Right-of-way, negligence, and summary judgment.

 Practice point:  A driver traveling with the right-of-way may be found to have contributed to the happening of the accident if he or she did not use reasonable care to avoid the accident. However, a driver with the right-of-way who has only seconds to react to a vehicle that has failed to yield is not comparatively negligent for failing to avoid the collision.

Student note:  Even where there is evidence that another driver involved in the accident was negligent as a matter of law due to a violation of the Vehicle and Traffic Law, the proponent of a summary judgment motion has the burden of establishing, as a matter of law, freedom from comparative negligence.

Case:  Desio v. Cerebral Palsy Transp., Inc., NY Slip Op 07322 (2d Dept. 2014)

Here is the decision.

 Tomorrow's issue: An injured firefighter's right of action.

Wednesday, November 5, 2014

Motion to vacate based on newly-discovered evidence.

Practice point:  The Appellate Division affirmed the denial of the motion to vacate on the ground of newly-discovered evidence, pursuant to CPLR 5015[a][2]. The alleged transfer of the subject mortgage, which purportedly occurred after the entry of the judgment of foreclosure and sale, is not newly-discovered evidence within the meaning of the statute.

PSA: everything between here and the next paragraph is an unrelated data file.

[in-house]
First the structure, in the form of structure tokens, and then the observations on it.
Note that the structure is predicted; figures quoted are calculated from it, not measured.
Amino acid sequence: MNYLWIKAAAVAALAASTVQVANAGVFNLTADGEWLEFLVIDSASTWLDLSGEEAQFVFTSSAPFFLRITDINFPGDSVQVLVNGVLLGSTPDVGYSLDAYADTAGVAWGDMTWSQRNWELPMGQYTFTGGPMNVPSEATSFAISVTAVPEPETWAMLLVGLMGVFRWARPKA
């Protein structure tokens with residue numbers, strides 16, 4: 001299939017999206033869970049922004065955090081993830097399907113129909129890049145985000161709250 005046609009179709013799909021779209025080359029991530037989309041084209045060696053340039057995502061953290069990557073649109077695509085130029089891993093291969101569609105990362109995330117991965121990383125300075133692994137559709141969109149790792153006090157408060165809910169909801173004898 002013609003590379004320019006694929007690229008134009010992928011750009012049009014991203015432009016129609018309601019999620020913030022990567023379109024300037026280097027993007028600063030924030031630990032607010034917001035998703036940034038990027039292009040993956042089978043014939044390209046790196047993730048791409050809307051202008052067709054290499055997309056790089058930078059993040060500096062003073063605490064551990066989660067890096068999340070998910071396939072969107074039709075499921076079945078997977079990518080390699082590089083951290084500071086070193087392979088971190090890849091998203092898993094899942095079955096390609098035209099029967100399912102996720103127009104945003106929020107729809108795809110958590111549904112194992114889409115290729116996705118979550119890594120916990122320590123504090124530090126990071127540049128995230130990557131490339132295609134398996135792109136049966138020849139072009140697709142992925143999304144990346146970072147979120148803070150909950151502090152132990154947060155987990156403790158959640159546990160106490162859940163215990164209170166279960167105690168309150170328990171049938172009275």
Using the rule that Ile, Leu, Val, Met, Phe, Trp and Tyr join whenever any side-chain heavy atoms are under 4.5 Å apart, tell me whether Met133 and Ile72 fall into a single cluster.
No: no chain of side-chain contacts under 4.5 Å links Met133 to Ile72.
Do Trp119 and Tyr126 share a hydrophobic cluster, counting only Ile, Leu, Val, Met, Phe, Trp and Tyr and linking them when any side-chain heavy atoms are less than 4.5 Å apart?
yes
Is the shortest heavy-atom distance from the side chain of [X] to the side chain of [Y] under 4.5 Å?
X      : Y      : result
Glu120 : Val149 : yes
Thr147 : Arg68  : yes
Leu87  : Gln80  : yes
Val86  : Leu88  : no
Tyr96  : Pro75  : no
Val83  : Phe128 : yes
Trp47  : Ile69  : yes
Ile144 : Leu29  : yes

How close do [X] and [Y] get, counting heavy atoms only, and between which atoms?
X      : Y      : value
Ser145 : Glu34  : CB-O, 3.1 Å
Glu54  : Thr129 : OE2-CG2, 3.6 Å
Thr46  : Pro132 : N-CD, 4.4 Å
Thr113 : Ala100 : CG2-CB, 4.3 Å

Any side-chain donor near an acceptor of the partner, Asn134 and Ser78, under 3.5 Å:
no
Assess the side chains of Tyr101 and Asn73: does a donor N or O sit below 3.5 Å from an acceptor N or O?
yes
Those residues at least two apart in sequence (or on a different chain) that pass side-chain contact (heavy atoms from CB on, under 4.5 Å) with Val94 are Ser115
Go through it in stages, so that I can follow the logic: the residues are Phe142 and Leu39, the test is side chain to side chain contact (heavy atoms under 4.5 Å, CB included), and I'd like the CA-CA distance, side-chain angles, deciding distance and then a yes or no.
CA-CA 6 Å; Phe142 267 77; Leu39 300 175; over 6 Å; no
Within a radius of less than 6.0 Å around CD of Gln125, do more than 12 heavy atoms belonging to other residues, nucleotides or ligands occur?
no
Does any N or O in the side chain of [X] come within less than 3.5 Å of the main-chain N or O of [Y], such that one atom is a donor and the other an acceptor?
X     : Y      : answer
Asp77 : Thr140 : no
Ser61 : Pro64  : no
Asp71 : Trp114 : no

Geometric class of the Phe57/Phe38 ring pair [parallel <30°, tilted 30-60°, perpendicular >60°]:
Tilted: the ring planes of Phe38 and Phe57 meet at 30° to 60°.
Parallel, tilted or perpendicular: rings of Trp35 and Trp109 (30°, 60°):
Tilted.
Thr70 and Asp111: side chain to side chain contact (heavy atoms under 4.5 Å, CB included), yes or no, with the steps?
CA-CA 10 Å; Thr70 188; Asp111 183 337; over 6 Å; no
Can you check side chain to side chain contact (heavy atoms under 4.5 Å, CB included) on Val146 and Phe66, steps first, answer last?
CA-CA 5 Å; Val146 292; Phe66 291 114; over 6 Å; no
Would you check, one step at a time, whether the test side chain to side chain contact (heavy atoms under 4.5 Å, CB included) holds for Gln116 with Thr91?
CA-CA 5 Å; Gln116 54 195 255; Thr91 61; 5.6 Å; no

Student note:  The court properly denied defendant's motion to renew, as he failed to offer a reasonable justification for not presenting the alleged new facts on his prior motions, pursuant to CPLR 2221[e][3].

Case:  Tribeca Lending Corp. v. Bartlett, NY Slip Op 07429 (1st Dept. 2014)

Here is the decision.

Tomorrow's issue: Right-of-way, negligence, and summary judgment..

Tuesday, November 4, 2014

Court holiday.

The courts are closed for Election Day.

Tomorrow's issue:  Motion to vacate based on newly-discovered evidence.

Monday, November 3, 2014

Evidentiary materials submitted on a motion to dismiss, and dismissal on the merits.

Practice point: Where evidentiary material is submitted and considered on a 3211(a)(7) motion, and the motion is not converted into one for summary judgment, the question is whether the plaintiff has a cause of action, not whether the plaintiff has stated one. The motion will be denied unless it is demonstrated that what the plaintiff claims is a fact is not a fact at all, and unless there is no significant dispute regarding it.

In deciding the motion, the court must accept the facts alleged in the complaint as true, accord the plaintiff the benefit of every possible favorable inference, and determine only whether the facts as alleged fit within any cognizable legal theory.

Student note:  A dismissal for lack of standing is not a dismissal on the merits for res judicata purposes, and neither is the striking of a complaint for noncomplance with a discovery order.

Case:  Caliguri v. JPMorgan Chase Bank, N.A., NY Slip Op 073129 (2d Dept. 2014)

Here is the decision.

Wednesday's issue: Motion to vacate based on newly-discovered evidence.